There had been a few TV talk shows and LIFE magazine had done a decent article in 1964, but not much media coverage was given to our efforts until 1969. By that time they needed us more than we needed them.  The media does not try to give citizens news until it is no longer news—no  longer controversial—they do not want to upset the advertisers.  BUT, that is an interesting point—it has been the free enterprisers, capitalists that have welcomed the community and given us support—not the politicians, governments (that should be treating all citizens equally) and certainly not the religious people who claim to love everyone.  Major corporations supported us long before the politicians, and the religious do-gooders have still not seen the light.)

The Myth of Gay Affluence

Regarding the Atlantic article on the “Myth of Gay Affluence”:

I doubt that anyone else will “get” what this article says abut the view of homosexuality. It is not about income of LGBT people, but it is about what we did NOT have when this movement started—academics studying and giving support to us, no matter on what aspect.

It seems every week the Williams Institute is quoted as reliable voices on our issues.  Ask how many academics were speaking in the 1950s and ’60s.  But the few that did were were not believed by most self-hating homosexuals—who were still accepting the lies that said they were no good—they were criminals, sick and sinful.  They just could not believe the results of the research of Dr. Evelyn Hooker, who proved that “experts” could not tell, based on tests, who was and was not homosexual.

The media didn’t cover the issues much and if they did they quoted the bigots like Bergler, Bieber, et al., vice squad officers and charlatan preachers, all of whom had a personal interest, in keeping the status quo, something to gain if we were kept as people to arrest, cure, and save.

If ONE magazine writers said something positive about homosexuality, even our readers were skeptical—saying we were biased—as if the bigots were not.  But if we got an “expert” to say the same thing, many would believe it—although some still could not believe that an “objective,” “normal” person would say homosexuality was OK, or that we had civil rights. And that included even the liberals at the ACLU.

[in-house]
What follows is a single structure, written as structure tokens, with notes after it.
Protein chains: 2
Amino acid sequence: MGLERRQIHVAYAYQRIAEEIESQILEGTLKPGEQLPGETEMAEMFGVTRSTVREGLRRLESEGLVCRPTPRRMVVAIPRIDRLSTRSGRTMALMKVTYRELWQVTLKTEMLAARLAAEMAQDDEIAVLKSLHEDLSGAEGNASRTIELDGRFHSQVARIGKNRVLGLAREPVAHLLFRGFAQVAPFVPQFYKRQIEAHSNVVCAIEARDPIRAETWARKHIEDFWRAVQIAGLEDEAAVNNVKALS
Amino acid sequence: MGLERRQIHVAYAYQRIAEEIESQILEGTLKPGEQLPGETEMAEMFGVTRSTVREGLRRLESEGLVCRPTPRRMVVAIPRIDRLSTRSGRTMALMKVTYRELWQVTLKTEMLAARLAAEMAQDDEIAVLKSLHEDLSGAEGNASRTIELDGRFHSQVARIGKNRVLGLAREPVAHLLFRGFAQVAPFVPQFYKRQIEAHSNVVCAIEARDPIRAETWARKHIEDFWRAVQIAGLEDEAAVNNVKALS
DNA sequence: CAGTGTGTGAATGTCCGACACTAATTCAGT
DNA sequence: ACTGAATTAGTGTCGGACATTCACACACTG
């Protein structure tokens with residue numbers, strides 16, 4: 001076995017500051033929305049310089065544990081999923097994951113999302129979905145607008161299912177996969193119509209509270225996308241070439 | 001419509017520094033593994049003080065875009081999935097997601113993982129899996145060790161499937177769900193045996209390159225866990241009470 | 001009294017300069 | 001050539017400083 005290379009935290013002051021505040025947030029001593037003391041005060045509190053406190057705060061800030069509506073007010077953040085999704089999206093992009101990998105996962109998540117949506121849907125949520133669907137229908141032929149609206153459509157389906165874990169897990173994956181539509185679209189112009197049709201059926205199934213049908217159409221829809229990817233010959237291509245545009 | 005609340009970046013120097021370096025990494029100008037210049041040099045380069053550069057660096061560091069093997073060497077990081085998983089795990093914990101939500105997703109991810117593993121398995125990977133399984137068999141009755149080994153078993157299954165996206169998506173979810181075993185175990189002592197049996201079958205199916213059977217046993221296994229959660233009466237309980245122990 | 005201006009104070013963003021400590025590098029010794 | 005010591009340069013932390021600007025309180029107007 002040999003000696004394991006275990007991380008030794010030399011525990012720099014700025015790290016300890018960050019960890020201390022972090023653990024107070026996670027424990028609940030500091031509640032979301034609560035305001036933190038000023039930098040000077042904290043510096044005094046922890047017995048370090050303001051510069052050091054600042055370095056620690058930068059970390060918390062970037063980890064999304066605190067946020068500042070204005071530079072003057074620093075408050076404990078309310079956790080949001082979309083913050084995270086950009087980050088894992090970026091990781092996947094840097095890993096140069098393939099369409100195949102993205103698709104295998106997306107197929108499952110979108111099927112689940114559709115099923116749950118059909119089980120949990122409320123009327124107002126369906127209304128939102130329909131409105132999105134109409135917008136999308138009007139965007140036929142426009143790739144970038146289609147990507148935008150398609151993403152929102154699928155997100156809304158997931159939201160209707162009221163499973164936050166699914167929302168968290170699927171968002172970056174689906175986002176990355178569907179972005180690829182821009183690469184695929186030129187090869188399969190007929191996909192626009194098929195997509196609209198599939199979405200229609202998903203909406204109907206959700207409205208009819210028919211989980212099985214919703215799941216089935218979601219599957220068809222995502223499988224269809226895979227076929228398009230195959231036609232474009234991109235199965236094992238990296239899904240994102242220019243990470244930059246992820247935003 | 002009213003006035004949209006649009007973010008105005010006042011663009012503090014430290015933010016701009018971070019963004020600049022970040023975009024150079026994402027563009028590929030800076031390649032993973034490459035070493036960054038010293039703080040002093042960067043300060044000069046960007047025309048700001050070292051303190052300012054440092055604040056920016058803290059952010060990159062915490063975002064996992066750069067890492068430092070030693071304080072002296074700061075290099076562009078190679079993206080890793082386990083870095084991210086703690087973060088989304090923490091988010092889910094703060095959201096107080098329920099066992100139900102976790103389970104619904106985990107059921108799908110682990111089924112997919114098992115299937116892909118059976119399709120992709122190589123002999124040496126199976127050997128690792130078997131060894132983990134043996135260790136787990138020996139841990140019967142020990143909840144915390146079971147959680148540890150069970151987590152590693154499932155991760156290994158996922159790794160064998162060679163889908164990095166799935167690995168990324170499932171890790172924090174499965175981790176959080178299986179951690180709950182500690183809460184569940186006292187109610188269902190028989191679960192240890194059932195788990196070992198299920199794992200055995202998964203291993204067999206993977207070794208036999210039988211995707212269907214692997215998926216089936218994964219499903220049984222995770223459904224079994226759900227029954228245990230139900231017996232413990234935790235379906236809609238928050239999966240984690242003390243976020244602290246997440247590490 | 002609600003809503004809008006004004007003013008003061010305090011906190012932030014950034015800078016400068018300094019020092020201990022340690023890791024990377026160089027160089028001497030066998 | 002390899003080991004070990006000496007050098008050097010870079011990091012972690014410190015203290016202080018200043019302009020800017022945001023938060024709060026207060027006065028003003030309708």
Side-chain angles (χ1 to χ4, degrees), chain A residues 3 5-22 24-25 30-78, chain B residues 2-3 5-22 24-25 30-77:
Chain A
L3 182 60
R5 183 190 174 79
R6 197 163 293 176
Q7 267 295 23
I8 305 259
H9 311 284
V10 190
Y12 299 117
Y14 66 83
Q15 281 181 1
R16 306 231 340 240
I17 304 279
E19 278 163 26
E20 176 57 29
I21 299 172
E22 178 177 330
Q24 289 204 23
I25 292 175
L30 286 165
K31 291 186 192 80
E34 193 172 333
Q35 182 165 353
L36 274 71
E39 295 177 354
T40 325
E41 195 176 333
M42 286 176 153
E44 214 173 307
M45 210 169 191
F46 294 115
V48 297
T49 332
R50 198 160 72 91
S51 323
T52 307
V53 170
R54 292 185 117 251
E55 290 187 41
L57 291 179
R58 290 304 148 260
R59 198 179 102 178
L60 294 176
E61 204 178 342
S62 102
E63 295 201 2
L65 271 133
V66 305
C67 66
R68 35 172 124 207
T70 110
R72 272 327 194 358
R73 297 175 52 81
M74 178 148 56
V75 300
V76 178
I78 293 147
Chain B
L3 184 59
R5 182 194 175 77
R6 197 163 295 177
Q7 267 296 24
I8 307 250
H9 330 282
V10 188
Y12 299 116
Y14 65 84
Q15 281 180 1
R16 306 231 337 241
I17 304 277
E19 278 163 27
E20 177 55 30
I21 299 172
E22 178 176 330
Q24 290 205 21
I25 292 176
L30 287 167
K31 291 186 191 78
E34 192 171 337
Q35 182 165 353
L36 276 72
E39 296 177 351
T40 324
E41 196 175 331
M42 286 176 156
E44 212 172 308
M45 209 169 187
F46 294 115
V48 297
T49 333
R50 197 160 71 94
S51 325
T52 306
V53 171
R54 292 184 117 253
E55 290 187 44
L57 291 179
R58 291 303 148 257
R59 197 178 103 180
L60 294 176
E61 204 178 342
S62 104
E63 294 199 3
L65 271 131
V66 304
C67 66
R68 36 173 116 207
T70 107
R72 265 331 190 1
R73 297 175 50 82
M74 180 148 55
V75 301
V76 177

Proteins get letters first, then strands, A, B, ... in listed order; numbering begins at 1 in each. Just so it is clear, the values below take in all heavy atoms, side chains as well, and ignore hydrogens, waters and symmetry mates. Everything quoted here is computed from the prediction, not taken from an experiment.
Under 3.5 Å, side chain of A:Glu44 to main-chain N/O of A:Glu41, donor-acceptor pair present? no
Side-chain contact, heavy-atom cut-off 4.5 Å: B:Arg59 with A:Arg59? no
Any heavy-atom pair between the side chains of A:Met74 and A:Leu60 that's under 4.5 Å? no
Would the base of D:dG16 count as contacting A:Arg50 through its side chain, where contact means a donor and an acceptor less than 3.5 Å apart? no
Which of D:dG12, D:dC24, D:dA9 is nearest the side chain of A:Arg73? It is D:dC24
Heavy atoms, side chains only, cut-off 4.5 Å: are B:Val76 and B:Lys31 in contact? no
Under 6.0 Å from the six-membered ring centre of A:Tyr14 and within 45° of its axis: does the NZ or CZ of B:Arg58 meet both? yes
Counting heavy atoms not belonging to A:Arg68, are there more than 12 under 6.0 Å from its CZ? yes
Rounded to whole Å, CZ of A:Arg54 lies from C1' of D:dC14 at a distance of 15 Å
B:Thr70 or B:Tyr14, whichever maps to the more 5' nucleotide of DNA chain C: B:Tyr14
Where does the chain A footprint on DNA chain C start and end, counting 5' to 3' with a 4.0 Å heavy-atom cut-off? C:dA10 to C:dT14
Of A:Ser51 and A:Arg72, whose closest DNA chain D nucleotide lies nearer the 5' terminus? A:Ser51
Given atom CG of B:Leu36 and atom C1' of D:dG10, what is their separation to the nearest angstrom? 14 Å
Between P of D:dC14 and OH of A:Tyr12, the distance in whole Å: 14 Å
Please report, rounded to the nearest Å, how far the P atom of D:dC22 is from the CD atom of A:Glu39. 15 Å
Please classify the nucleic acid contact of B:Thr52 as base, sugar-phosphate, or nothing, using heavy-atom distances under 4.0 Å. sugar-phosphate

The fact is that we are consumers, and we should be loyal to the businesses that treat us fairly.  And most of the people in our community I know do travel, buy cars, eat well, and even go to Disneyland, with or without children. So we do not ONLY have sleazy, high-priced gay bars to accept us now.  Why is that a problem?  And we can-not to say we do-vote and support politicians who join our efforts to get and keep equal/civil rights.  It is common sense.

AND, we now have more biological family members, neighbors and friends who will also vote for those who are gay-friendly, and eat at the cafes we feel comfortable in, etc.  That is why so many people no longer support most churches, they don’t like preachers and members who preach and practice hate. 

The New York Times lets “experts” and PC police tell us that we can NOT use the word homosexual

A letter to the NY Times on the recent article decline of the use of the word “homosexual”:

The self righteous arrogance of these “experts” on who has a right to use what term is shameful for you to accept with no comment.  You and these people destroy their own words when they admit that the point is to remove sex from terms.  How religious can you get?  Are these people ashamed of their sexuality?